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Nonprofit relocating thrift store to old armory

POSTED: January 21, 2014 12:14 a.m.
Crystal Ledford/

John Allin paints inside the old National Guard Armory on Canton Highway in preparation for the site becoming home to Cumming Home Ministries' thrift store.

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A ministry that helps men improve their lives after they’ve become homeless has experienced significant growth in recent months.

David Allen, board chairman of Cumming Home Ministries, said the program began with one home that provided transitional housing for men who had nowhere to live after a job loss, drug and alcohol problems or being released from prison.

A third home is now being renovated to assist even more men and the organization’s thrift store soon will relocate to the former National Guard armory site on Canton Highway.

The ministry will receive financial boost for the move through Allen, who was recently recognized by his employer, Wells Fargo, with a volunteer award in honor of his dedication to the nonprofit.

The award comes with a $1,000 donation to Cumming Home Ministries, which began in 2011 and opened its thrift store in fall 2012.

This was Allen’s second time during his three-year employment with Wells Fargo to receive the $1,000 award. He also was recognized last year as the volunteer of the year for the entire metro Atlanta area.

Allen said he was deeply honored to again receive the recognition from his employer.

“To see how Wells Fargo embraces the whole concept of volunteering and pouring into the community, it was incredible for me personally,” he said.

No less incredible has been the growth of Cumming Home Ministries.

“It’s been an amazing ride to see how much really God has opened the doors for us to connect with a lot more people in the community … more than we thought we would in this short amount of time frame,” Allen said.

He said the community has embraced the thrift store, at 433 Canton Road, Suite 213, which is used to support the transitional housing program for men.

Currently there are 11 men in the program. It has helped about 30 since it began.

“We’re transitional housing, so we want to help these men get jobs if they’re not already employed,” Allen said. “While they’re in that phase of finding employment, we offer for them to work at the thrift store a certain number of hours a week to kind of cover the costs of their housing.

“We have a fee we charge for rent because it’s reality that you do have to pay for your housing. If they can’t do that, they can earn what we call a rent voucher through working at the thrift store.”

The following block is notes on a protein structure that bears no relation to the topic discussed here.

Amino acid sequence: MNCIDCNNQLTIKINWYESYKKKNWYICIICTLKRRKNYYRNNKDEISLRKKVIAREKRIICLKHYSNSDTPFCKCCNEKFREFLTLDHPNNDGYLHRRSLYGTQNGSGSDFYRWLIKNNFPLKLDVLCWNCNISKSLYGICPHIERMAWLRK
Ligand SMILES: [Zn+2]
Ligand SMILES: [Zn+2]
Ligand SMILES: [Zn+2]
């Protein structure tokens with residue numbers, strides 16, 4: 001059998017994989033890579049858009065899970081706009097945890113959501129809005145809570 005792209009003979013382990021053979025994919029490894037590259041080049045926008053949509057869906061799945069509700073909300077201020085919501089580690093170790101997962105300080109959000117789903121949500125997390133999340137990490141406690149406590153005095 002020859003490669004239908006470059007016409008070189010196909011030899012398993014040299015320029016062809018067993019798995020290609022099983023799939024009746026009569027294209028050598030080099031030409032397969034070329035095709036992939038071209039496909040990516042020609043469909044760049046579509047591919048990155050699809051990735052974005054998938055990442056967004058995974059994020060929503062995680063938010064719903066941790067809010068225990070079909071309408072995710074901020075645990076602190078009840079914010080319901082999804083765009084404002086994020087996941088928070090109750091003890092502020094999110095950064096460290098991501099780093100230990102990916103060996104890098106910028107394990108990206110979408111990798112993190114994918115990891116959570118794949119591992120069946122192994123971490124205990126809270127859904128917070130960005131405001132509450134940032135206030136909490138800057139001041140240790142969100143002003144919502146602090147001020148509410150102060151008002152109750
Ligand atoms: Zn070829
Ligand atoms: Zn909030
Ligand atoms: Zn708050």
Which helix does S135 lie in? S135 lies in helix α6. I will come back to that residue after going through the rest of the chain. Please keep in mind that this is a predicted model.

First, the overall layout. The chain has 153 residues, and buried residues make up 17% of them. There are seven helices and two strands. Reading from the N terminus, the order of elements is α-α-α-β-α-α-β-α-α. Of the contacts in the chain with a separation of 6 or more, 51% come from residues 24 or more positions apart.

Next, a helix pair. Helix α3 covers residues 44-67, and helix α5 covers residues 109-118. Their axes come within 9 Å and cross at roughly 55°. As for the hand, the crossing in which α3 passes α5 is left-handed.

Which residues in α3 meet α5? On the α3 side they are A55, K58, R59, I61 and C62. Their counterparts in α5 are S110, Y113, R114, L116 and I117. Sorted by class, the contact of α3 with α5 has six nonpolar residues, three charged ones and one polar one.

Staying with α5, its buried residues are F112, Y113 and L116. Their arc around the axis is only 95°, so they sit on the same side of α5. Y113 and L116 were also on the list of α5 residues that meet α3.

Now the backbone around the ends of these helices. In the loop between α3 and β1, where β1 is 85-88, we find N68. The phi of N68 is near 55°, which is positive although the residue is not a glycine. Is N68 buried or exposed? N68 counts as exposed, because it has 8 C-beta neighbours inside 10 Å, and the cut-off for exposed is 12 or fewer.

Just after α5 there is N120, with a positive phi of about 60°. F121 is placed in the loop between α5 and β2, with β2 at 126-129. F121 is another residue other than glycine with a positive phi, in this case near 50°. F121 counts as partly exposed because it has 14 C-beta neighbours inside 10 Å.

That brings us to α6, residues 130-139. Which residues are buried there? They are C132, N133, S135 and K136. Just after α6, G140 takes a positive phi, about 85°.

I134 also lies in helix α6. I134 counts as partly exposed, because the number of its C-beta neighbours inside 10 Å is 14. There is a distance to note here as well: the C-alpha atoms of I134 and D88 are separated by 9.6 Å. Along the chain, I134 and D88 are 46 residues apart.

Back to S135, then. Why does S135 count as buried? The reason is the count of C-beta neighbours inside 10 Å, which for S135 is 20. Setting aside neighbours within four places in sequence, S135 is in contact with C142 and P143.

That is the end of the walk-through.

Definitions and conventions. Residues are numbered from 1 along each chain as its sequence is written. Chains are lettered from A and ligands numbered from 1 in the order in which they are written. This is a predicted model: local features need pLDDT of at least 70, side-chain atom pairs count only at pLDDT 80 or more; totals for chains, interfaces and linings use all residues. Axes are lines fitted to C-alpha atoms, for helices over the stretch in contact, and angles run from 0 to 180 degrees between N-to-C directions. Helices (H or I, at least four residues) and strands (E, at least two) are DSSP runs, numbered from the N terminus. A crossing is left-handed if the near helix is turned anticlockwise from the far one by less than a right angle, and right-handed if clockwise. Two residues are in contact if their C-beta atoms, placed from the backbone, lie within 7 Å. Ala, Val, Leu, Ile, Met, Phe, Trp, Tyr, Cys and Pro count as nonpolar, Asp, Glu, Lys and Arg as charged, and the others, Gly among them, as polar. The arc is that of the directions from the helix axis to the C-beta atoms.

Even those who have outside employment are asked to give at least four hours each week to the thrift store or helping renovate the third home.

Several of the men have also been helping to spruce up the old armory, which Allen hopes will be ready to open by month’s end.

“This latest step that we’ve taken is a big leap of faith for us because of the financial commitments that we stepped up to,” he said. “The story behind that is amazing because God opened the doors.”

According to Allen, leaders were first told the facility would be about five times the amount they could afford, and later that it had been leased to someone else, so they shouldn’t bother asking to look at it.

“It was just one thing after another, but we just felt like we were supposed to be in that building,” Allen said. “The owner then reduced the rate to over half what he was originally asking and all of a sudden we went from standing outside of the building two months ago to standing inside of it last Saturday and getting the keys.”

Case Koolhaas, another volunteer with the organization, said the new space, which is nearly 10 times that of the current thrift store, will open up many other community outreach possibilities.

“We have about 9,500 square feet upstairs for the thrift store, but then there’s also another nearly 9,500 square feet on the bottom level,” he said. “We hope to be able to offer some other programs such as maybe a food distribution center or areas for youth activities.”

Allen said he would eventually like to see the space used as “a hub, where we can be a connection point for different people and organizations in the community.”

But the main focus of the ministry remains transitional housing for homeless men, which hopefully helps them become better people.

“It’s a transitional process where we’re hoping the circumstances they were in when they came to us are improved such that now they can transition to a more stable and better environment past that,” Allen said.

“We’re not really focusing on trying to see a finished product so much as trying to contribute to a growing process in a person’s life … and we have to believe that seeds were planted such that they’re going to grow into what God wants them to be at some point down their path.”

 

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